But if your cannabis seeds are pale, green, gray, shrunken, split, dried out, misshapen, poorly marked, or possess a hazy sheen (kind of like old wax that dried on a car before it could be buffed out), then those are defective cannabis seeds. Take a look at the below photo, which shows defective cannabis seeds that are far less likely to germinate.
Green, split seeds and seeds that aren’t properly shaped (mature cannabis seeds should look like miniature footballs) are immature seeds that didn’t fully ripen before the buds they were forming in were harvested. These seeds are a waste of your time.
Seed defects develop if your seeds have been stored improperly, or if the seeds are more than 4–5 years old. Also, if you get cannabis seeds from the less-reputable resellers, you might receive old or otherwise defective seeds. I’ve seen growers who eagerly awaited their seed order, only to be disappointed when they tore into seed packs to discover easily identifiable duds.
In many cases, the disreputable seed seller won’t refund the order or send a replacement order, and the would-be grower is left with a mixture of acceptable-looking seeds and defective ones.
Seeds that are grayish and sheeny are old seeds, and likely desiccated. Old seeds sometimes split or crack. If seeds of any shape are pale, light brown, gray, split, or cracked, they’re defective. But you may be able to salvage some of them so they grow out into plants that yield buds.
Tried And Tested Methods For Getting Old Seeds To Germinate. But Do These Methods Work?
Growers offer many tactics for germinating old seeds, and I’ve tried all their suggestions. I want to emphasize from the outset, if cannabis seeds are grossly immature, they’re unlikely to ever germinate, and it’s not worth trying to. For that reason, the following germination suggestions are for seeds that were allowed to mature and ripen fully before they were harvested.
Method 1: One of the most generic suggestions for germinating old, stale seeds is to soak them in reverse osmosis water pH adjusted to 6.1 for 24–48 hours, before placing the seeds into a rockwool cube, rapid rooter, peat pot or other germination media.
Result: I’ve seen no benefit from this suggestion.
Method 2: This one is rather extreme and time consuming. It involves scraping off the outer layer of the seed, sometimes including the shell itself, exposing the embryo and cotyledon, which are usually white, gray-white or greenish-white.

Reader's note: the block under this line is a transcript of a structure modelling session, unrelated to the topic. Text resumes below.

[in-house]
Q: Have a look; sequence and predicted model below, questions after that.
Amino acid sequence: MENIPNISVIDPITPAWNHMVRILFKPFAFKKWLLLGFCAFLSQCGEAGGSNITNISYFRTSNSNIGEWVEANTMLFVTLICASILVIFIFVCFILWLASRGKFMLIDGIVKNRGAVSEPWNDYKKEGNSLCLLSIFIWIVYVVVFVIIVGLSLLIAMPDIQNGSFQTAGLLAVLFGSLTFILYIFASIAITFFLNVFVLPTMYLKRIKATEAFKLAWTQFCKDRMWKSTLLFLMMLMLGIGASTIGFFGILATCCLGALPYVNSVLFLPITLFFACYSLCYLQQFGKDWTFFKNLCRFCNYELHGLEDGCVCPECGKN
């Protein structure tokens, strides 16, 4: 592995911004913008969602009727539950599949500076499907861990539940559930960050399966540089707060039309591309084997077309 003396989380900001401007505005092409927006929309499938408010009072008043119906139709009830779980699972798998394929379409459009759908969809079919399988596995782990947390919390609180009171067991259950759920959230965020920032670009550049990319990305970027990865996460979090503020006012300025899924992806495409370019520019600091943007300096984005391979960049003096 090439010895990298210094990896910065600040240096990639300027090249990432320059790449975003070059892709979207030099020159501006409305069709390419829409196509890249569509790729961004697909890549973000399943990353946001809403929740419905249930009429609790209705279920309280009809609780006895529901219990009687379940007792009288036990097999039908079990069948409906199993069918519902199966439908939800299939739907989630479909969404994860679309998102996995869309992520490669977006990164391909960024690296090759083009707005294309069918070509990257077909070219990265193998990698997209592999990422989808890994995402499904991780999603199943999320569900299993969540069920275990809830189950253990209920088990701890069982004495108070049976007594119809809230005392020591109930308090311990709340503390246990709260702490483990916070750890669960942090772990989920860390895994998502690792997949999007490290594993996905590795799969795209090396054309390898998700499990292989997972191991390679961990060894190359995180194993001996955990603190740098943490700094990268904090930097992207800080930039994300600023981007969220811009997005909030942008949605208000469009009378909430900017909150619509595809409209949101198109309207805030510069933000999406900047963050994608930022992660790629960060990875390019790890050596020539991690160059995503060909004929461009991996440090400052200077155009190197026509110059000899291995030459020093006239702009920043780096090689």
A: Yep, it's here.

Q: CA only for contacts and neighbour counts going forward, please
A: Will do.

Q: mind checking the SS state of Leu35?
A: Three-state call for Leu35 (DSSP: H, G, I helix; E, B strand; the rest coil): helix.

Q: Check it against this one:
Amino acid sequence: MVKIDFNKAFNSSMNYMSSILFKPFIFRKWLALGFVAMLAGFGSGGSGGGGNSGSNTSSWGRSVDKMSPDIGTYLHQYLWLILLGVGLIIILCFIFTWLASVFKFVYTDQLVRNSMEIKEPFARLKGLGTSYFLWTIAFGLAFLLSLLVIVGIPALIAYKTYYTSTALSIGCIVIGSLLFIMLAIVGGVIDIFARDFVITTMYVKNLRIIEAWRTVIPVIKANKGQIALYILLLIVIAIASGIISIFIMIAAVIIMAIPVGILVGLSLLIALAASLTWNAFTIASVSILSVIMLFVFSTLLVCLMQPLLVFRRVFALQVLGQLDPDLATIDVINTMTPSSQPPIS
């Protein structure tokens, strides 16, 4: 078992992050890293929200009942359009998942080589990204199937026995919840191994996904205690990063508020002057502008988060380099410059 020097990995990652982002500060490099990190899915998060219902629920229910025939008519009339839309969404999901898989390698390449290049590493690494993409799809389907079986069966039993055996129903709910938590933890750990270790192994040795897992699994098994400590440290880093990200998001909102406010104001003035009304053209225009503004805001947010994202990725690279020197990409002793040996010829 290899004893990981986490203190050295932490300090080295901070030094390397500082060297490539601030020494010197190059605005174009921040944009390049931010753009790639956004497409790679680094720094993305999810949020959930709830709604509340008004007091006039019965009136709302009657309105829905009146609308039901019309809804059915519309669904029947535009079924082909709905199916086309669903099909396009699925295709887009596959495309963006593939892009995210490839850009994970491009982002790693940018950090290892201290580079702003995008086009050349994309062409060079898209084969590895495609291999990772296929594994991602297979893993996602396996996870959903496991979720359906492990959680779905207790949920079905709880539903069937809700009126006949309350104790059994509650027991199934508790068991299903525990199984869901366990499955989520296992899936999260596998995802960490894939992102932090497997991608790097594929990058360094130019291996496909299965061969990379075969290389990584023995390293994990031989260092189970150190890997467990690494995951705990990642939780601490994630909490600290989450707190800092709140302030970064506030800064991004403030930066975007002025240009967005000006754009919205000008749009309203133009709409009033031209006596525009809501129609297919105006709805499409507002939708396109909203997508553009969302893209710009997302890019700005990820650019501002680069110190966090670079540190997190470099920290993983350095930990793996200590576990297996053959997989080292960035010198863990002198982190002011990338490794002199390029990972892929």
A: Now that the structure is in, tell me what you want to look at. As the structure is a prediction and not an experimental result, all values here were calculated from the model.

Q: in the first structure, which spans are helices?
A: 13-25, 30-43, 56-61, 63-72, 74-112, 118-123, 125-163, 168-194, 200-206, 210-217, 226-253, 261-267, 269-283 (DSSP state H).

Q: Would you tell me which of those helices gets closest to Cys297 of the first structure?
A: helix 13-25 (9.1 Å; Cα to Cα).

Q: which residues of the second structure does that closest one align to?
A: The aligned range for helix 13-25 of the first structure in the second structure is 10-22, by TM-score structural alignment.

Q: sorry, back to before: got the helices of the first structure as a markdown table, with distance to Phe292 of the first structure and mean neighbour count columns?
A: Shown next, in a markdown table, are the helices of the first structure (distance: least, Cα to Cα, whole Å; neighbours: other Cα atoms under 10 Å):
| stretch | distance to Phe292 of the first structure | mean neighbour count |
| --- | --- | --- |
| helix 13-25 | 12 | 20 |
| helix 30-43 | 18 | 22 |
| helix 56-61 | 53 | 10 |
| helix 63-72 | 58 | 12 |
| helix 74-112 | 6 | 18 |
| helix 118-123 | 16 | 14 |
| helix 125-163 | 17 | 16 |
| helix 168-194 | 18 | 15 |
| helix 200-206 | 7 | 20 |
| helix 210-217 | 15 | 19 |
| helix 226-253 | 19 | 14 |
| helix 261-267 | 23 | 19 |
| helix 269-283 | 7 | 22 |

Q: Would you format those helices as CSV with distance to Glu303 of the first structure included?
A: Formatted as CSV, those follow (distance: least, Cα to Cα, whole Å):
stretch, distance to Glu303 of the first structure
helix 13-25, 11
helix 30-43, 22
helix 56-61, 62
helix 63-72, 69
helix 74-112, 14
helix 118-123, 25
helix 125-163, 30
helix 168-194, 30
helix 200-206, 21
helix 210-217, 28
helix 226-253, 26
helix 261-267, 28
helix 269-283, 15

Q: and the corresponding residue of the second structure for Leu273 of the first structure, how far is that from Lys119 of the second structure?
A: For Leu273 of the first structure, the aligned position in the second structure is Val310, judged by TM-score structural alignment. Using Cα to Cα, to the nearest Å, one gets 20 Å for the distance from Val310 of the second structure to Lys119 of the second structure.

You then place the unshelled seed material into your regular germination media. Obviously, this is a severe tactic, and you shouldn’t expect it to work. But if the alternative is to not germinate the seeds at all, it’s worth a try anyway. If it doesn’t work, you’ve lost nothing. If it works, you’re a winner.
Result: It worked for me about 15 percent of the time I tried it on old seeds.
Method 3: Another radical tactic is to manually split one side of the seed shell, narrowly exposing the embryo and other internal material that is usually protected by the hard outer shell. The split seed is immediately placed in the usual germination media.
Result: My success rate for this tactic has also been about 15 percent.
Method 4: Over the years, I’ve seen companies offer “old seed soak kits” that allegedly contain special materials that stimulate old seeds to germinate. I contacted those companies and asked for third-party test data and ingredients information so I could ascertain if its products have any validity. Strange that the customer service reps refuse to provide information beyond vague, meaningless verbiage such as, “Our product contains bio-catalysts.”
They also refused to provide product samples. I have to tell you, if a hydroponics manufacturer or seeds producer isn’t confident enough in their products to provide samples for testing, this is an indication that their products are no good.
Result: Grower friends of mine bought several brands of “old seed soak” products and found them to be no more efficacious than soaking old seeds in pH-balanced reverse osmosis water, or just putting unsoaked old seeds into germination media.
If “seed soaker” products contain anything useful at all, it would likely be gibberellic acid, which has been used to treat marijuana seeds to induce germination, vitality and female gender.
Method 5: I’ve done experiments with stale, old seeds using a gibberellic acid pre-soak (i.e., adding gibberellic acid to get the soak solution to 100–150 parts per million), pH adjusted to 6.1, versus reverse osmosis water at pH 6.1.
Result: I had a marginally better germination rate from the gibberellic-treated seeds.
There are other experiments you can conduct if you have old seeds and you want to see if there’s any hope for them. Experiment with using seedling heat mats at a slightly higher temperature than for fresh marijuana seeds. Another tactic is to place the seeds less deep in germination media than you normally would, at about 1/4 inch (normal depth is about 1/2 inch).
You can try placing a T5 high-output fluorescent lamp over them even before they germinate, as if the light can coax them back from the dead like Jesus did with Lazarus.